Are you a member at a club?

Montclair Country Club in New Jersey. They have 36 holes, which is nice, because you can take your pick.

How many rounds do you get in per week?

I have a sore back. I can get in three or four times per week, but I can't play four days in a row or I would've stayed playing in the Bob Hope.

What was your lowest handicap?

I was a 10 handicap at one time.

Do you remember a best round?

It was a 76. I should remember where, but I don't.

Do you have any hole-in-ones?

One, but it was in my own golf tournament, and that doesn't count. I have a tournament to benefit my museum and I played the same hole with every group. I hit enough balls and one went in.

Who's in your ideal foursome, dead or alive?

I have a lot of people. No kidding. I don't care who I play with. I really don't. I go out to have fun. If I shoot good -- fine. If I don't -- tough luck. I enjoy it. It's a good exercise. I ride a cart but I like to walk a little bit, too. With this new knee I don't mind the hills, as long as I don't hit a ball up there.

Is there a course you've never played but that you'd still like to play?

I've played a lot of good courses: Pinehurst, Merion. I played golf in Ireland at Lahinch and all of those places. Heck, I played Jack's course, Memorial, with Gil Hodges when it first opened, but I've never played the Old Course at St. Andrews.

Are you a bigger fan of Jack or Arnold?

I'm a fan of all of them. Arnold and Jack are both great guys.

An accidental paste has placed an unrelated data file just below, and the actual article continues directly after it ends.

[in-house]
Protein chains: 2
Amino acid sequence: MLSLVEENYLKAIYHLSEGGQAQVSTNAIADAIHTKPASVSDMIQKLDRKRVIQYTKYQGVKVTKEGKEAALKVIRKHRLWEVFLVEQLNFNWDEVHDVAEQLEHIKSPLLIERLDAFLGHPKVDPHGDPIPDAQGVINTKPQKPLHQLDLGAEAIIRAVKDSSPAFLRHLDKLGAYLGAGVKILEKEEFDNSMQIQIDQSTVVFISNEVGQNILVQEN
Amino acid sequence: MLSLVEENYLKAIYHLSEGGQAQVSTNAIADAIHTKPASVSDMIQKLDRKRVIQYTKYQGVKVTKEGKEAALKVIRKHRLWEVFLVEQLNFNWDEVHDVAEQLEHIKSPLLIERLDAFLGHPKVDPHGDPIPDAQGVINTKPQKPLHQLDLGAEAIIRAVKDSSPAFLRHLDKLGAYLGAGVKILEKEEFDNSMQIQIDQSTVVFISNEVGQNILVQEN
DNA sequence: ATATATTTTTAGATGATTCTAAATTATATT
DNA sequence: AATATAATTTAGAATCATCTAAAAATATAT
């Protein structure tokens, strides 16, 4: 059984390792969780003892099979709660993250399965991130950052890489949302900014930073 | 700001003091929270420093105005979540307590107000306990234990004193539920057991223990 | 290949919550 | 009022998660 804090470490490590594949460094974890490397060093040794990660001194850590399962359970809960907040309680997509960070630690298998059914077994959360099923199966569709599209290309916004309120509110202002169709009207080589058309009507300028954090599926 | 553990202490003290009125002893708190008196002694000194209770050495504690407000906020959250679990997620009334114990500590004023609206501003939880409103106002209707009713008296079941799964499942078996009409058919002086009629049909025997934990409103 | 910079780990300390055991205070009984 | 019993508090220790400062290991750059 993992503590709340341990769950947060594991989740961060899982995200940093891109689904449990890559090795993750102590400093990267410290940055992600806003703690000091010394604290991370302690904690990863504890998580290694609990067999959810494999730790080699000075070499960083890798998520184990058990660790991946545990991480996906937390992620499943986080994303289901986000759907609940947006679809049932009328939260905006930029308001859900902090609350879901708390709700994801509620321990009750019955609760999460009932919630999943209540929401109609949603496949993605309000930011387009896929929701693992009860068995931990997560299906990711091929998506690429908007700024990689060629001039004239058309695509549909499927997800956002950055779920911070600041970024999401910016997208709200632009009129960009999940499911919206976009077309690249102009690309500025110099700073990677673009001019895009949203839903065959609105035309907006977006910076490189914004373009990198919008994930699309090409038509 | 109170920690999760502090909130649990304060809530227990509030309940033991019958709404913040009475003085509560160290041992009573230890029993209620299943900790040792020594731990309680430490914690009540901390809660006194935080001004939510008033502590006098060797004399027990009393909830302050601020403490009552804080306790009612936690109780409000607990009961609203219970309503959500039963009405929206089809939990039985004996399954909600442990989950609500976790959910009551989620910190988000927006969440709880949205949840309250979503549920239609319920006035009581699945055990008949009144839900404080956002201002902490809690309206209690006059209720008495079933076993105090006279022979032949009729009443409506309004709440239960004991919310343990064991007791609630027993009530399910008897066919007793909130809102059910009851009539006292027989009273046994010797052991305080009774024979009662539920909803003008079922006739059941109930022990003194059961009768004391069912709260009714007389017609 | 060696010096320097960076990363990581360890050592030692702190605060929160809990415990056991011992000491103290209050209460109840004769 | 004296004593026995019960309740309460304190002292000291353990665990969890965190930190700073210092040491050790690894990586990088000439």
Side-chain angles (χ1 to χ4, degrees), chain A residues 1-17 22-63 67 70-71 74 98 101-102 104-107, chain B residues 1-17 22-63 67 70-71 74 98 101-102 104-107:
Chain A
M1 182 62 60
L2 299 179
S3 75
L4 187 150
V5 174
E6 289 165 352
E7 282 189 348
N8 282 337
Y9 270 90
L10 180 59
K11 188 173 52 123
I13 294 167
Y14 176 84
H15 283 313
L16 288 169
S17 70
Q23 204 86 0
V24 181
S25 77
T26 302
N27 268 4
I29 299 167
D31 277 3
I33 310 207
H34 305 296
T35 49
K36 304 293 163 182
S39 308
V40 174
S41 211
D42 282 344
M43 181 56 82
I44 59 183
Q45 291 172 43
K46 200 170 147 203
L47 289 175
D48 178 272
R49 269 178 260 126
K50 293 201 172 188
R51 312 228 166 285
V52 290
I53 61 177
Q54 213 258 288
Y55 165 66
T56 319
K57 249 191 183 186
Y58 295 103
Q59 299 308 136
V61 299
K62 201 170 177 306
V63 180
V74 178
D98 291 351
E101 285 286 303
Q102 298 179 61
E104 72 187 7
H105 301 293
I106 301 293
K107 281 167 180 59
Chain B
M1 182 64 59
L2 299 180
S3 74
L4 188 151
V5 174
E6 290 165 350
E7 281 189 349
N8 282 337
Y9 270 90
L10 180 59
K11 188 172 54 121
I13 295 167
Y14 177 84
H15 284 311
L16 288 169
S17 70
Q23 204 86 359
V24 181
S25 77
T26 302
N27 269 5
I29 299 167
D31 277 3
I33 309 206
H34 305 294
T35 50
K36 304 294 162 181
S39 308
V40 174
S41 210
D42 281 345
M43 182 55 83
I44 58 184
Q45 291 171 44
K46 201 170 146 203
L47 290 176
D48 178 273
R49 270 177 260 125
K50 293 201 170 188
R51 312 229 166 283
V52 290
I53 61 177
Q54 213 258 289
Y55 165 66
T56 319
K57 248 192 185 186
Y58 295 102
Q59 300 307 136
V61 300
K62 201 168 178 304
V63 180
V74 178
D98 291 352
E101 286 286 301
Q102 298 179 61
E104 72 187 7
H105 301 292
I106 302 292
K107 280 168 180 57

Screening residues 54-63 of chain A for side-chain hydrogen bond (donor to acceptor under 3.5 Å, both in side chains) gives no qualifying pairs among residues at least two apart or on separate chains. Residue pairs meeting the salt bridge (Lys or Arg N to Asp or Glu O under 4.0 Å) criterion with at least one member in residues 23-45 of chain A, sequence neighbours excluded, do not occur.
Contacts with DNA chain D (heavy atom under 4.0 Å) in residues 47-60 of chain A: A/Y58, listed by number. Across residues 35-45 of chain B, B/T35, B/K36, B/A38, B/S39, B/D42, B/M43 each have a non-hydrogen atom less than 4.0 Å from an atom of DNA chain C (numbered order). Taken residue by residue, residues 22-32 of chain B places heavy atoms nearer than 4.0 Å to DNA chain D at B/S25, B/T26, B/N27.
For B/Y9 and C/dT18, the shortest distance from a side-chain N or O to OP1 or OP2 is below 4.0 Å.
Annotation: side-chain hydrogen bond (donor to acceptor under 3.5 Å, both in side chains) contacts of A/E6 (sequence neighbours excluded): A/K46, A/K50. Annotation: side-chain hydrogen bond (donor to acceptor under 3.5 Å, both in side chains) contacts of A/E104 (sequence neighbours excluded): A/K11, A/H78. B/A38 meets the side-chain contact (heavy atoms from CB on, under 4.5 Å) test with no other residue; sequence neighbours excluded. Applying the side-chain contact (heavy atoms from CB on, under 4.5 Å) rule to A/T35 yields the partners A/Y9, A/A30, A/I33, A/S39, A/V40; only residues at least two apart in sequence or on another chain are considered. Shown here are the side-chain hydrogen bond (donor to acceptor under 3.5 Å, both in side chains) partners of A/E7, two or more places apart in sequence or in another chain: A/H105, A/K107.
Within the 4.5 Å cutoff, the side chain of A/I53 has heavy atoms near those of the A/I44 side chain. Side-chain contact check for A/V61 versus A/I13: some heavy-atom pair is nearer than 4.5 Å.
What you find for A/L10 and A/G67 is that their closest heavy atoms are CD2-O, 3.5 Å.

Which one did you follow more?

I didn't know much about golf growing up. I got to know them when I started playing the game. I've never had Jack as a partner. I've had Arnold as a partner a couple times. I've had Fred Couples as a partner. It's amazing they put up with us.

If Tiger and Phil were in the final pairing of the Masters, which one would you root for?

I'd like to see a good match. That's too tough to choose.

Tiger is chasing Jack's record of 18 majors and Derek Jeter is chasing your record of 10 championships. Tiger has 14 and Jeter now has five. Will both records eventually go down?

I can't comment on Tiger catching Jack, but Derek has a little ways to go still to catch me.

Would you say a catcher is like being a pitcher's caddie?

I would say that. They pay attention to the catcher. I always told them, "I'm in the game more than you are. I'm back there and I know what's going on."

If you were Mickelson's caddie, how would you coach him through the last few holes of a major?

Oh boy. That's tough. I know he has had some good ones and some bad ones. The only thing you can do is to tell him to trust himself. He might tell me to go to hell. [Laughs.]

Do you watch a lot of golf on TV?

Oh yeah. There are a lot of new guys, boy. They're hitting the hell out of that ball. I wish they had that technology when I could play.

If you had a three-foot putt for your life, would you putt it, or would you call someone like Tiger to putt it for you.

Well, Tiger's not bad. *[Laughs.] *I might call him.

If you could win the Masters, U.S. Open or be a part of a winning Ryder Cup team, which would you choose?

Both of 'em. [Laughs.]

You're famous for saying, "It's not over until it's over." But golf might be the exception. If a guy gets in the clubhouse with a much better score than the other players left on the course and they can't catch them, in fact, it's over before it's over.

Oh yeah, it's over, that's right. Pretty good.

Have you ever seen a putt come up short and go into the hole?

No. I've never seen that. *[Laughs.] *That's me. Never up, never in.